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Publication Detail
Diagnostic yield of molecular autopsy in patients with sudden arrhythmic death syndrome using targeted exome sequencing.
  • Publication Type:
    Journal article
  • Publication Sub Type:
  • Authors:
    Nunn LM, Lopes LR, Syrris P, Murphy C, Plagnol V, Firman E, Dalageorgou C, Zorio E, Domingo D, Murday V, Findlay I, Duncan A, Carr-White G, Robert L, Bueser T, Langman C, Fynn SP, Goddard M, White A, Bundgaard H, Ferrero-Miliani L, Wheeldon N, Suvarna SK, O'Beirne A, Lowe MD, McKenna WJ, Elliott PM, Lambiase PD
  • Publication date:
  • Pagination:
    888, 896
  • Journal:
    Europace : European pacing, arrhythmias, and cardiac electrophysiology : journal of the working groups on cardiac pacing, arrhythmias, and cardiac cellular electrophysiology of the European Society of Cardiology
  • Volume:
  • Issue:
  • Medium:
  • Print ISSN:
  • Language:
  • Addresses:
    Institute of Cardiovascular Sciences, Barts Heart Centre, St Bartholomews Hospital and Institute of Cardiovascular Sciences, UCL, West Smithfield, London EC1A 7BE, UK.
The targeted genetic screening of Sudden Arrhythmic Death Syndrome (SADS) probands in a molecular autopsy has a diagnostic yield of up to 35%. Exome sequencing has the potential to improve this yield. The primary aim of this study is to examine the feasibility and diagnostic utility of targeted exome screening in SADS victims, utilizing familial clinical screening whenever possible.To determine the feasibility and diagnostic yield of targeted exome sequencing deoxyribonucleic acid (DNA) was isolated from 59 SADS victims (mean age 25 years, range 1-51 years). Targeted exome sequencing of 135 genes associated with cardiomyopathies and ion channelopathies was performed on the Illumina HiSeq2000 platform. Non-synonymous, loss-of-function, and splice-site variants with a minor allele frequency <0.02% in the NHLBI exome sequencing project and an internal set of control exomes were prioritized for analysis followed by <0.5% frequency threshold secondary analysis. First-degree relatives were offered clinical screening for inherited cardiac conditions. Seven probands (12%) carried very rare (<0.02%) or novel non-sense candidate mutations and 10 probands (17%) had previously published rare (0.02-0.5%) candidate mutations-a total yield of 29%. Co-segregation fully confirmed two private SCN5A Na channel mutations. Variants of unknown significance were detected in a further 34% of probands.Molecular autopsy using targeted exome sequencing has a relatively low diagnostic yield of very rare potentially disease causing mutations. Candidate pathogenic variants with a higher frequency in control populations are relatively common and should be interpreted with caution.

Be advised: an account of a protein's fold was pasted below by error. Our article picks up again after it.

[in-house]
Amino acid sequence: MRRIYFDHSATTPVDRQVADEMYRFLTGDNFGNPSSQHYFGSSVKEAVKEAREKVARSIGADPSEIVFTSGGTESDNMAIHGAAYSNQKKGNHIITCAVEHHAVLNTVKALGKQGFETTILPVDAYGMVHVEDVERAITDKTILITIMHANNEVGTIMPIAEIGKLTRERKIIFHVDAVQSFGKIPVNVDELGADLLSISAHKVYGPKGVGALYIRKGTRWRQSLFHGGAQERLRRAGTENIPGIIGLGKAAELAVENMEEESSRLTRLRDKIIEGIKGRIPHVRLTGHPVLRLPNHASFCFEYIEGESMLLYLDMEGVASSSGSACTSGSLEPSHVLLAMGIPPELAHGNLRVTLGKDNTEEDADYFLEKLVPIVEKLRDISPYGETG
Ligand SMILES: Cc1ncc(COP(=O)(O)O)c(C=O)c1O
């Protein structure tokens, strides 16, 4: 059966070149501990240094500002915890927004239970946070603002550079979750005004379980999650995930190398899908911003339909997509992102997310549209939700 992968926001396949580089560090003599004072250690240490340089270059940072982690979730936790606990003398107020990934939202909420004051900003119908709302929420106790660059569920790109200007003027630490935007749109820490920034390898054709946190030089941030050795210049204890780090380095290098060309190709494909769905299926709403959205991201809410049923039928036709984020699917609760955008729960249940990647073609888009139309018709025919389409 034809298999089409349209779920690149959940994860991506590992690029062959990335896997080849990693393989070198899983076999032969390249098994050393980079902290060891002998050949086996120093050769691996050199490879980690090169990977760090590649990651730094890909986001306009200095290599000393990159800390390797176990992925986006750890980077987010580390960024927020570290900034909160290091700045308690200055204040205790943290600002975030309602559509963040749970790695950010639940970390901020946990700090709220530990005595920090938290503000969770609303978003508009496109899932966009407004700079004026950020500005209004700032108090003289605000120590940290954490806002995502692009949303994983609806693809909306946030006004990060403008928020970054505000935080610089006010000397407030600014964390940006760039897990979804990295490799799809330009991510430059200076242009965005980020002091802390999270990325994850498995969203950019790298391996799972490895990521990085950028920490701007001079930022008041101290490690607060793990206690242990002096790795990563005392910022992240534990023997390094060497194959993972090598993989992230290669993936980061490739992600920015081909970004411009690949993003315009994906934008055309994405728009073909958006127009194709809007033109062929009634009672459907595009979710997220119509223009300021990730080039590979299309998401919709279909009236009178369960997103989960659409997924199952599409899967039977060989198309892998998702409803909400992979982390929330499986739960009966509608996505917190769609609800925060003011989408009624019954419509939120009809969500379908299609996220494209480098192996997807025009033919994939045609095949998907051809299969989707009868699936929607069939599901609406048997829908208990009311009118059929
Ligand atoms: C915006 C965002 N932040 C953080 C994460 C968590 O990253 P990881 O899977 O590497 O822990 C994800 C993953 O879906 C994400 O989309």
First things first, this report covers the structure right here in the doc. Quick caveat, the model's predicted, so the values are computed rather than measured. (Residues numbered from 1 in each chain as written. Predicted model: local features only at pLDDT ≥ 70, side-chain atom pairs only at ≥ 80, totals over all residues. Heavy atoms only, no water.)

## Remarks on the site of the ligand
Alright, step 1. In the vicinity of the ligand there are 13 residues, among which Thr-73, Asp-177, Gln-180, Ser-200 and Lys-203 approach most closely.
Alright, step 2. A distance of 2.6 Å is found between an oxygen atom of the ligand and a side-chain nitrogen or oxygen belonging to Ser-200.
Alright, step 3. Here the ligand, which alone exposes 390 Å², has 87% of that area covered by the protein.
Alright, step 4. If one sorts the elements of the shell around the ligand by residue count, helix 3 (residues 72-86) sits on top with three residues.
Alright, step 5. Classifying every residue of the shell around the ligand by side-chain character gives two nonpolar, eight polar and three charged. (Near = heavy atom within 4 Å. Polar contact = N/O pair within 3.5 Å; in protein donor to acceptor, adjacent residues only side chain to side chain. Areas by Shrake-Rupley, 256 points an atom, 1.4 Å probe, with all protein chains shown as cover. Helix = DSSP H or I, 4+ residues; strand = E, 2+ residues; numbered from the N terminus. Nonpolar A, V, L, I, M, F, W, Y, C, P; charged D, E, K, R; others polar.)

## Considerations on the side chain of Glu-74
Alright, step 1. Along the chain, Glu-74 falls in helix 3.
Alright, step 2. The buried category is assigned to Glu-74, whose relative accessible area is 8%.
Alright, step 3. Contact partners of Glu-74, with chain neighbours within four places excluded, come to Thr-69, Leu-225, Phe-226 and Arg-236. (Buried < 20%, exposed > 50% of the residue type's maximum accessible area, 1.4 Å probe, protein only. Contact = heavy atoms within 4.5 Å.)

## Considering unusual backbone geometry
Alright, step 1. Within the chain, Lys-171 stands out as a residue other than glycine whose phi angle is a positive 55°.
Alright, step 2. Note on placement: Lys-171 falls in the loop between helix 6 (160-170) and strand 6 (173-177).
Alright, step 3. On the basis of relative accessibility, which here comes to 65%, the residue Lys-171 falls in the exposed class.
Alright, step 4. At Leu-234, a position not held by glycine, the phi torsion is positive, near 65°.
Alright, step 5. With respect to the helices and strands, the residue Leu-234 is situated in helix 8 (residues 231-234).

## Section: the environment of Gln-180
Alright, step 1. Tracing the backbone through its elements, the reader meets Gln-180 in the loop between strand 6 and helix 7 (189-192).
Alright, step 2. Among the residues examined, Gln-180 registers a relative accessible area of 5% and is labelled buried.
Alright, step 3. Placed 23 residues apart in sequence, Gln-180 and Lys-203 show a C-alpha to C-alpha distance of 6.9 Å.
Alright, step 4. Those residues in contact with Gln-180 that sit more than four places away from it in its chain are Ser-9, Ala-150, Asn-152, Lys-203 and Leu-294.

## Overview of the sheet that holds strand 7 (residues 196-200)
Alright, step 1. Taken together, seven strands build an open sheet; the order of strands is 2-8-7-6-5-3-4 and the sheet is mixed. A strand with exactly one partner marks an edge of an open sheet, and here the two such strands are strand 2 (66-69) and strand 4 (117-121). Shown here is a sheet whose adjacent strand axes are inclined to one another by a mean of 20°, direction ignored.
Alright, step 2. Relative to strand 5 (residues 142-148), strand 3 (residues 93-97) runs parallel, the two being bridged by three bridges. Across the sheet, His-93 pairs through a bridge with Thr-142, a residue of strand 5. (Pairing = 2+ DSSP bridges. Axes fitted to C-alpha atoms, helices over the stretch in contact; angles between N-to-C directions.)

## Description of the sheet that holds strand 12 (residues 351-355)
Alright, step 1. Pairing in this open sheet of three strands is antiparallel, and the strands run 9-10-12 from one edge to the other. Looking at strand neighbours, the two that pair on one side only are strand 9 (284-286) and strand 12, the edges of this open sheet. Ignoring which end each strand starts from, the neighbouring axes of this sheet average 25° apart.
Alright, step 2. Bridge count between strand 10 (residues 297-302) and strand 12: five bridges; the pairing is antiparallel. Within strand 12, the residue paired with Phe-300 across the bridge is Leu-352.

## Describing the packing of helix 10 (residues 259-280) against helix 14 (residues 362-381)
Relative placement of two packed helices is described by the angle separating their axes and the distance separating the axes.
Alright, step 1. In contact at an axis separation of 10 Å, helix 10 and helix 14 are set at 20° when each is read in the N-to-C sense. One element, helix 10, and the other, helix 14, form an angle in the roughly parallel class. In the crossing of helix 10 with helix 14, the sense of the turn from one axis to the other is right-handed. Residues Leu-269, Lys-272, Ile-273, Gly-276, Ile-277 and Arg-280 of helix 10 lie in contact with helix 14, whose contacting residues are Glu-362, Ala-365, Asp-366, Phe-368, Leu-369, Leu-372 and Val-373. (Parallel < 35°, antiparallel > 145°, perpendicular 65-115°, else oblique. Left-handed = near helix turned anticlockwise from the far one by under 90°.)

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Institute of Cardiovascular Science
Clinical Science
Clinical Science
Institute of Cardiovascular Science
Clinical Science
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